The meaning of names among Mediterranean Jews

Marc Eliany ©

ABÉCASSIS, Abucassis, Abiksis
Cassis in France
Cazes and AbenGacez in Spain.

ABÉCASSIS in French spelling, may appear in different forms, i.e., Abucassis, abiksis, Cassis in France or Cazes and AbenGacez in Spain.

Prefixes such as (aben, iben, abi, avi, ben, bin, abou) denotes usually a relation to a person, i.e., the father of or the son of  X, a place, i.e., a person from Cassis, a profession, i.e., Kassas or story teller in Arabic or chopper in Hebrew.

In the Arab tradition, the prefix Abu means usually the father of Cassis, or a tribal affiliation, i.e., a relation to the Moroccan tribe of bnei Ksis. Jews in Morocco often were assigned the name of the tribe that offered them protection.  The word ‘kassas’ in Arabic means storyteller. In Algeria, community leaders and rabbis were given the title ‘Cassis’ which may denote in Arabic ‘elder.’

In the Hebrew tradition, the prefix ‘Avi ‘ denotes patrilineal ancestry, i.e., son of Cassis or a relation to a place of origin, i.e., Cassis, a region allocated to the tribe of Benjamin. Jews settled in Morocco before the arrival of the Arabs to North Western Africa and the tribe Bnei Cassis was a Jewish tribe before it adopted Islam. The tribe may have been related to the tribe of Benjamin and the region of Cassis in ancient Israel. The root ‘kss’ means chopper in Hebrew and may denote a trade of the people named Cassis. May also be of the tribe of Banu Alqassis in Yatrel, in Saudi Arabia.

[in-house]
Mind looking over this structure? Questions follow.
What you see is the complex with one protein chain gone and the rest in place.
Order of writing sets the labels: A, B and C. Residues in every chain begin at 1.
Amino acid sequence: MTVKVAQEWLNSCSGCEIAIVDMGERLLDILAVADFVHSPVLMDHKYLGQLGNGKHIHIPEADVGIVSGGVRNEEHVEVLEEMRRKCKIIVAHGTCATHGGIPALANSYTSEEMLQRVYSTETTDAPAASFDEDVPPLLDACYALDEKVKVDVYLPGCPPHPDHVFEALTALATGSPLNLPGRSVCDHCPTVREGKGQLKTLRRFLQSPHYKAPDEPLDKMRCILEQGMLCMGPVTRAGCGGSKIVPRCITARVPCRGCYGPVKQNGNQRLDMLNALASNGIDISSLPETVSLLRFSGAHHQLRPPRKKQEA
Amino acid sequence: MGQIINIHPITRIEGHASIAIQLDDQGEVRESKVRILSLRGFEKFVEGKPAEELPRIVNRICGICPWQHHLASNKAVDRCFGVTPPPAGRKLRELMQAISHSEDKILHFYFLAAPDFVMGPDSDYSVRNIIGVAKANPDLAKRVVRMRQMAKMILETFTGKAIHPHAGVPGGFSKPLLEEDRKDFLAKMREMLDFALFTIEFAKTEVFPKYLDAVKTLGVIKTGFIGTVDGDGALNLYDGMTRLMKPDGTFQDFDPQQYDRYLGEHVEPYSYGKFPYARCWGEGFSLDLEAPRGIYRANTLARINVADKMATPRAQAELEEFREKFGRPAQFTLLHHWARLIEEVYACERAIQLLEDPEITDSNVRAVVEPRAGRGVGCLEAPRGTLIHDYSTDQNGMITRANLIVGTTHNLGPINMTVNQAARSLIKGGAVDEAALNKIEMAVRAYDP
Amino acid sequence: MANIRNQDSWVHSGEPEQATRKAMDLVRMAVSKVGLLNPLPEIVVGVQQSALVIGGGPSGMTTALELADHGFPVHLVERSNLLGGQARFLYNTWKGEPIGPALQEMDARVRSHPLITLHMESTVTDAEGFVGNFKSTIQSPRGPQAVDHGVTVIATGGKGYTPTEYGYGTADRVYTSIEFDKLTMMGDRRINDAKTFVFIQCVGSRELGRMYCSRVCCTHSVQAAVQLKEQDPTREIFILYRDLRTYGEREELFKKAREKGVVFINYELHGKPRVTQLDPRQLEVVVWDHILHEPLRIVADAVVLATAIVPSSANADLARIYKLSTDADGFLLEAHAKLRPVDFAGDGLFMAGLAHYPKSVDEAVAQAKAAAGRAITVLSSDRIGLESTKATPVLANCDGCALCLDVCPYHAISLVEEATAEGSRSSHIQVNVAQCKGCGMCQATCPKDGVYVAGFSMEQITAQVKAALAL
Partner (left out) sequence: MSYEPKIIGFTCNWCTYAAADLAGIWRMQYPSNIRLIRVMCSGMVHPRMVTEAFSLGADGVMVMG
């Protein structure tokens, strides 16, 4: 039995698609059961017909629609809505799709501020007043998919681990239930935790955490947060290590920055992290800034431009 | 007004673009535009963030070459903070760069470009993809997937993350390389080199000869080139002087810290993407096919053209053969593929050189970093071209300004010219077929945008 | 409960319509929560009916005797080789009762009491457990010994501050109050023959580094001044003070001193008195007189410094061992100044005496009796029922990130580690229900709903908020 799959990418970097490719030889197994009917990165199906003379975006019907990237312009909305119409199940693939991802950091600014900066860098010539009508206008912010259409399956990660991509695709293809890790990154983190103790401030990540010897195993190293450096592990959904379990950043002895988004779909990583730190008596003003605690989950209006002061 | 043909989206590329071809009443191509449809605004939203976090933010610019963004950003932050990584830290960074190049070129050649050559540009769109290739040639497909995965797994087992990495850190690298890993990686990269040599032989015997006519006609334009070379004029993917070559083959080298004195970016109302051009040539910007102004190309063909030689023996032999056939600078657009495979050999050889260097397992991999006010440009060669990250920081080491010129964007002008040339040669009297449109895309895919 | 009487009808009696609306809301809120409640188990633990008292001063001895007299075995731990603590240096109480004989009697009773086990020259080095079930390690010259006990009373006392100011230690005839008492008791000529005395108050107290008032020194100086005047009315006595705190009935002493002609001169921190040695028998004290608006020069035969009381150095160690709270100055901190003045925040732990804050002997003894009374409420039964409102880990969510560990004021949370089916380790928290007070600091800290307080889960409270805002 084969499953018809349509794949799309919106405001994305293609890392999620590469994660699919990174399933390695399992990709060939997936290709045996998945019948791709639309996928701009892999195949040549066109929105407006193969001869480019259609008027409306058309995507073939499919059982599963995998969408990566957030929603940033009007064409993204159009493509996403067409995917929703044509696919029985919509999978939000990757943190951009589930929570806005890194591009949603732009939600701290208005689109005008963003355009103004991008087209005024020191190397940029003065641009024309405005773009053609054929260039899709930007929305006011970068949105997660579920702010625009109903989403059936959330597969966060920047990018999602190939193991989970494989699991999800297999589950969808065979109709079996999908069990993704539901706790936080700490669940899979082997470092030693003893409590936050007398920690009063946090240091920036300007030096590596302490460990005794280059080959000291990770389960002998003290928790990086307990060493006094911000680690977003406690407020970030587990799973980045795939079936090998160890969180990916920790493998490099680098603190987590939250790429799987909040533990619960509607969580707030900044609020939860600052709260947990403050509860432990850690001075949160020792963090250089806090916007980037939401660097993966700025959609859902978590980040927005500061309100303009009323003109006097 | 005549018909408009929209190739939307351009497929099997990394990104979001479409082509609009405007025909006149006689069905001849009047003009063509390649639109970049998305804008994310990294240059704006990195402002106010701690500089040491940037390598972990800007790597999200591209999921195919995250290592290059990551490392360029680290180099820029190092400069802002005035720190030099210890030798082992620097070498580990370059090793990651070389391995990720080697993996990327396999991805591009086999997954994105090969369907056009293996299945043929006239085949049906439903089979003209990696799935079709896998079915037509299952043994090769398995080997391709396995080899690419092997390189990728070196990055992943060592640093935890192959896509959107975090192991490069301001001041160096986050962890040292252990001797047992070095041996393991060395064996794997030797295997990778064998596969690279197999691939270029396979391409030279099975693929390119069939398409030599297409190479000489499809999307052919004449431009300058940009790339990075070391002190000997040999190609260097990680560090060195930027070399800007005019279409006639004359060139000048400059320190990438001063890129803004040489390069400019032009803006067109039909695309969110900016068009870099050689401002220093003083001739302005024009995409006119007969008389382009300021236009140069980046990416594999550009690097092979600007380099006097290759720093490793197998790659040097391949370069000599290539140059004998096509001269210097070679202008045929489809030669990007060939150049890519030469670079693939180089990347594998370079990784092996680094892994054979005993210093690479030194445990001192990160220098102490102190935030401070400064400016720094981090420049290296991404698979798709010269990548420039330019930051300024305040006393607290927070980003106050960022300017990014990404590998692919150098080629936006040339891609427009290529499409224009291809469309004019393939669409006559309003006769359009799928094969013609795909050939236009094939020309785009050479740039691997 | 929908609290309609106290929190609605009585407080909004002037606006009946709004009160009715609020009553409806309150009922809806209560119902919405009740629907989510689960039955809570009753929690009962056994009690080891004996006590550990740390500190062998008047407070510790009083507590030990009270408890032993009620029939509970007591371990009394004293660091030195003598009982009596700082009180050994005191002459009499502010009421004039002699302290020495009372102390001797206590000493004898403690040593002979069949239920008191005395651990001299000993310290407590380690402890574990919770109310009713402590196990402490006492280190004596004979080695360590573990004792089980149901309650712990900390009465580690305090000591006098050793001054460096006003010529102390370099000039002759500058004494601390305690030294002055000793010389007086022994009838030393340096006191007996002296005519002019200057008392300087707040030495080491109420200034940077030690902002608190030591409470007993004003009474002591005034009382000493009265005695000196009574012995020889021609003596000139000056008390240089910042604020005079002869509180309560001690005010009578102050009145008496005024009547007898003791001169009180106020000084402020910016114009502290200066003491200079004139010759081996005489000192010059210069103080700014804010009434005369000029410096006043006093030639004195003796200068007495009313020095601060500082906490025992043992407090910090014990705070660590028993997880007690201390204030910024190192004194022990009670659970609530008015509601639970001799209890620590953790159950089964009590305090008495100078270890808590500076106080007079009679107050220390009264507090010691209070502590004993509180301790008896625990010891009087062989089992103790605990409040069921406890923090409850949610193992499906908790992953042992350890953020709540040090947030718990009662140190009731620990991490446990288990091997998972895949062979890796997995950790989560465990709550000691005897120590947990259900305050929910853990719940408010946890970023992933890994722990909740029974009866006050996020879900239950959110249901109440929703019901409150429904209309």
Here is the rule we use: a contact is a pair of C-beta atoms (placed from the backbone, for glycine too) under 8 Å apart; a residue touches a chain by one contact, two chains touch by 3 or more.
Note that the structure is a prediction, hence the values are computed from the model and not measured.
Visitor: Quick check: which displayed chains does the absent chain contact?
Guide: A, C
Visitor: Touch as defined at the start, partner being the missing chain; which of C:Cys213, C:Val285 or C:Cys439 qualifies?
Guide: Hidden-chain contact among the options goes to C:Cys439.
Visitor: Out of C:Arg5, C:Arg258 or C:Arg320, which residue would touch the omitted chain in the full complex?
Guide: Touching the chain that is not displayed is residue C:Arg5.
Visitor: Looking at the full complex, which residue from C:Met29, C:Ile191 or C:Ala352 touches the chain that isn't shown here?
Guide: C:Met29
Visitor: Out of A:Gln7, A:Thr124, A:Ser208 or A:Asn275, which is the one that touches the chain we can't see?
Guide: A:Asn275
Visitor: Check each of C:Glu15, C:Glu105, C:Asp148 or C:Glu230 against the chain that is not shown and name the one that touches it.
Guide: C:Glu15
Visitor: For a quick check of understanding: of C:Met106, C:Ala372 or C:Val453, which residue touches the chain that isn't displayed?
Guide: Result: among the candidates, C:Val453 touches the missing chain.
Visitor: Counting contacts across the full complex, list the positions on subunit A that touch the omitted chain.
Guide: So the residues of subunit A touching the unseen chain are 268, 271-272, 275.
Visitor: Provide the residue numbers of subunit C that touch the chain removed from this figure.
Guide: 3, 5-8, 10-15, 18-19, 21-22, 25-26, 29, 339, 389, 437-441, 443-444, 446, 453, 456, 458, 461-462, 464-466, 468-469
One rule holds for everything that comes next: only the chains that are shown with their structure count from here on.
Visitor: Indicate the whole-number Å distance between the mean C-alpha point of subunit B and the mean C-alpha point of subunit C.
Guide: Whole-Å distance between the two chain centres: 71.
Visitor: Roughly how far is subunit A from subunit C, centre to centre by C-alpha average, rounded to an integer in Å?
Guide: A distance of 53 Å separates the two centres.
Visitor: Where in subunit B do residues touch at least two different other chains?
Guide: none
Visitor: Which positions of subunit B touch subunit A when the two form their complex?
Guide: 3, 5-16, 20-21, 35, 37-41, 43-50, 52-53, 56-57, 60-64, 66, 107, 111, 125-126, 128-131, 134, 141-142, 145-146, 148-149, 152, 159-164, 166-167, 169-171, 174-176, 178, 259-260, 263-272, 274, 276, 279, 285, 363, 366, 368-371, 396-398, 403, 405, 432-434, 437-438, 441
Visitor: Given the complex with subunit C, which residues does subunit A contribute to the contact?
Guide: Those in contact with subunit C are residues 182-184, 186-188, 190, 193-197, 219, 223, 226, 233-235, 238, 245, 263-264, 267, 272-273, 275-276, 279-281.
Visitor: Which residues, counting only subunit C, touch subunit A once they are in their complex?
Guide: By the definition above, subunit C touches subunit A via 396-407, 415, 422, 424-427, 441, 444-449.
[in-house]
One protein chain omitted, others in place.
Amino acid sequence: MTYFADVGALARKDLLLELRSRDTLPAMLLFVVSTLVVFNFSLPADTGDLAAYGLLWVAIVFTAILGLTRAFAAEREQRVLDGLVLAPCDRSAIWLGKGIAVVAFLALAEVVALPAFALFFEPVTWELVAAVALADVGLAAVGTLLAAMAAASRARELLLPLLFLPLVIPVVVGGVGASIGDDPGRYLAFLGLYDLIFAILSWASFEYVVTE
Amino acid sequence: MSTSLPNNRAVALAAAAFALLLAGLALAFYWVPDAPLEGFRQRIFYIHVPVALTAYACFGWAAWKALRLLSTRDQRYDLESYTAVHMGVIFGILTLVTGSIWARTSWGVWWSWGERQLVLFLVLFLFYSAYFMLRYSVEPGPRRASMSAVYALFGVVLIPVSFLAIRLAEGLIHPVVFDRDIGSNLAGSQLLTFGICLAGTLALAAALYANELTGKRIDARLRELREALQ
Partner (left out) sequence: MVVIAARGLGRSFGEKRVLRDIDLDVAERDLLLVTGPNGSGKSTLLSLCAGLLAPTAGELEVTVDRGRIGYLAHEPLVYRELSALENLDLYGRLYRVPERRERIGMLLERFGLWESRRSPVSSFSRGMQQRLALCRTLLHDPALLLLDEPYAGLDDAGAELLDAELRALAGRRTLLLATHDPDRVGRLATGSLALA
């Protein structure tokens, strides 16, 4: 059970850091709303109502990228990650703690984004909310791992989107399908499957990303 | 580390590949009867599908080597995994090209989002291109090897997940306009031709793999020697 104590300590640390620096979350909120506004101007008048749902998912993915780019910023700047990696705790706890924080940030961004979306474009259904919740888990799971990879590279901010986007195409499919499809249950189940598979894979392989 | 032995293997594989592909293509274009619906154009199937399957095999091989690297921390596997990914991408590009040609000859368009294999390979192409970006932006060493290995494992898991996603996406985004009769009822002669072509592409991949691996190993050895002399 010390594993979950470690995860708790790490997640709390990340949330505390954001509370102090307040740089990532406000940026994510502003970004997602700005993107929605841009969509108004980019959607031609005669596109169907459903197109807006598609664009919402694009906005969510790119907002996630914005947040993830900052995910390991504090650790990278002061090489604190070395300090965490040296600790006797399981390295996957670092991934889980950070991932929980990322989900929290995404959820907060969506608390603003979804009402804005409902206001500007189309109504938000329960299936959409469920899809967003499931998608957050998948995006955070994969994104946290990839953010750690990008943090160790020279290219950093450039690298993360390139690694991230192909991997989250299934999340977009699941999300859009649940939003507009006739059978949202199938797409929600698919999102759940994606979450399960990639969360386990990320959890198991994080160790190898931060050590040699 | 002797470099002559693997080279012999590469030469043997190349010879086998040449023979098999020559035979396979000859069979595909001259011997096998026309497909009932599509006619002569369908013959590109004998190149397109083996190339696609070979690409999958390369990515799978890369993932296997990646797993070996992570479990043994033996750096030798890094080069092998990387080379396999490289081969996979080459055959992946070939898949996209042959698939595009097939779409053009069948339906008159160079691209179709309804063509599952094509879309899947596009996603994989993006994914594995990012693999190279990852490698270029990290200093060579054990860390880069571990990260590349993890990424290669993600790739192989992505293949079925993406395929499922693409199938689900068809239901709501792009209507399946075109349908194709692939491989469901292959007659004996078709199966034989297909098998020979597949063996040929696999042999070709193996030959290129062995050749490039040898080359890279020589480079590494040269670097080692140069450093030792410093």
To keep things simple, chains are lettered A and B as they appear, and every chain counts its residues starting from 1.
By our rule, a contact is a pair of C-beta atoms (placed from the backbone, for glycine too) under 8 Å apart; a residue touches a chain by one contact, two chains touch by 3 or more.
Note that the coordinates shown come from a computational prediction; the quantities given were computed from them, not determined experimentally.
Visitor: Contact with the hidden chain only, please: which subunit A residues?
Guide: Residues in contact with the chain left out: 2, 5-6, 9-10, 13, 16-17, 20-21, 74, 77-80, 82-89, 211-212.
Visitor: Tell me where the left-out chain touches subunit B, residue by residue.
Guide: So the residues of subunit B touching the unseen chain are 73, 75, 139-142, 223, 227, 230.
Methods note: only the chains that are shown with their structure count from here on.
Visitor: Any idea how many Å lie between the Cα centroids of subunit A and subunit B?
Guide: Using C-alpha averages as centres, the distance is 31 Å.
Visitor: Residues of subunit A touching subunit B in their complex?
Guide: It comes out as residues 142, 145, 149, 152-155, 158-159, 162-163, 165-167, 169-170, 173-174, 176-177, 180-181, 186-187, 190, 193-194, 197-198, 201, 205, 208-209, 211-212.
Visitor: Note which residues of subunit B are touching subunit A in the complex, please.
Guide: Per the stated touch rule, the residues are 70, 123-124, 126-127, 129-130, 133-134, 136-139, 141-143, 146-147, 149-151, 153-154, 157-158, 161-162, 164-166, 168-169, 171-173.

Cassis is a town in Southern France. The title ‘Cassis’ may denotes also ‘priest’ among early Christians in North Africa.
Caces is a town in the province of Oviedo in Spain. The name Cazes is common among Jews of Spanish ancestry around the Mediteranean (see examples below).

The name is common among both Jews, Berbers and Arabs in North Africa but not as frequent among Christians in France. See for example

ABÉCASSIS Raphaël (1953-). Morocco. Painter of the stained glass at Tiféret Israël in Los Angeles.
ABÉCASSIS Éliette (XXes.). France. Author of Qumran et L’or et la cendre

ABÉCASSIS-OBADIAH Marie (XXes.). Morocco. (lives in Quebec) Author of  Tanger, les miens et les autres.
ABÉCASSIS Messod (XIXes.). Morocco.  Community leader in Tangier.
ABÉCASSIS Salomon (XIXes.). Morocco. Community leader in London, England.
ABÉCASSIS Armand (1933-). Morocco. Author, philosopher, psychologist, Bordeaux. France.
ABÉCASSIS Simon (XIXe-XXes.). Morocco. Rabbi of Mogador
ABÉCASSIS Yéhoudah (XXes.). Morocco. Rabbi of Tétouan.

CAZÈS David (1851-1913). Morocco. Tétouan. Author. Historian. Established Jewish schools in Tunisia, Turkey and Argentina.
CAZÈS-BENATTAR Hélène (1900-?). Morocco. Tangier. Lawyer. Led the Joint assistance to WWII refugees in Morocco.


Azoulay, Hayim Yossef Shem Hagdolim (the names of the great)

AZOULAY Haïm Yossef David (Hida) (1724-1807) Chém haguédolim va’ad lahakhamim (The names of the Great Council of Sages).

Toledano, J. 1983        La saga des familles, Les juifs du Maroc et leurs noms, Editions Stavit, Tel Aviv

Levi, J et. al. 2000        Dictionnaire biographique du monde Juif Sepharade et Mediteranean, Editions Elysee, Montreal.

Laredo A. 1978           Les noms des juifs au Maroc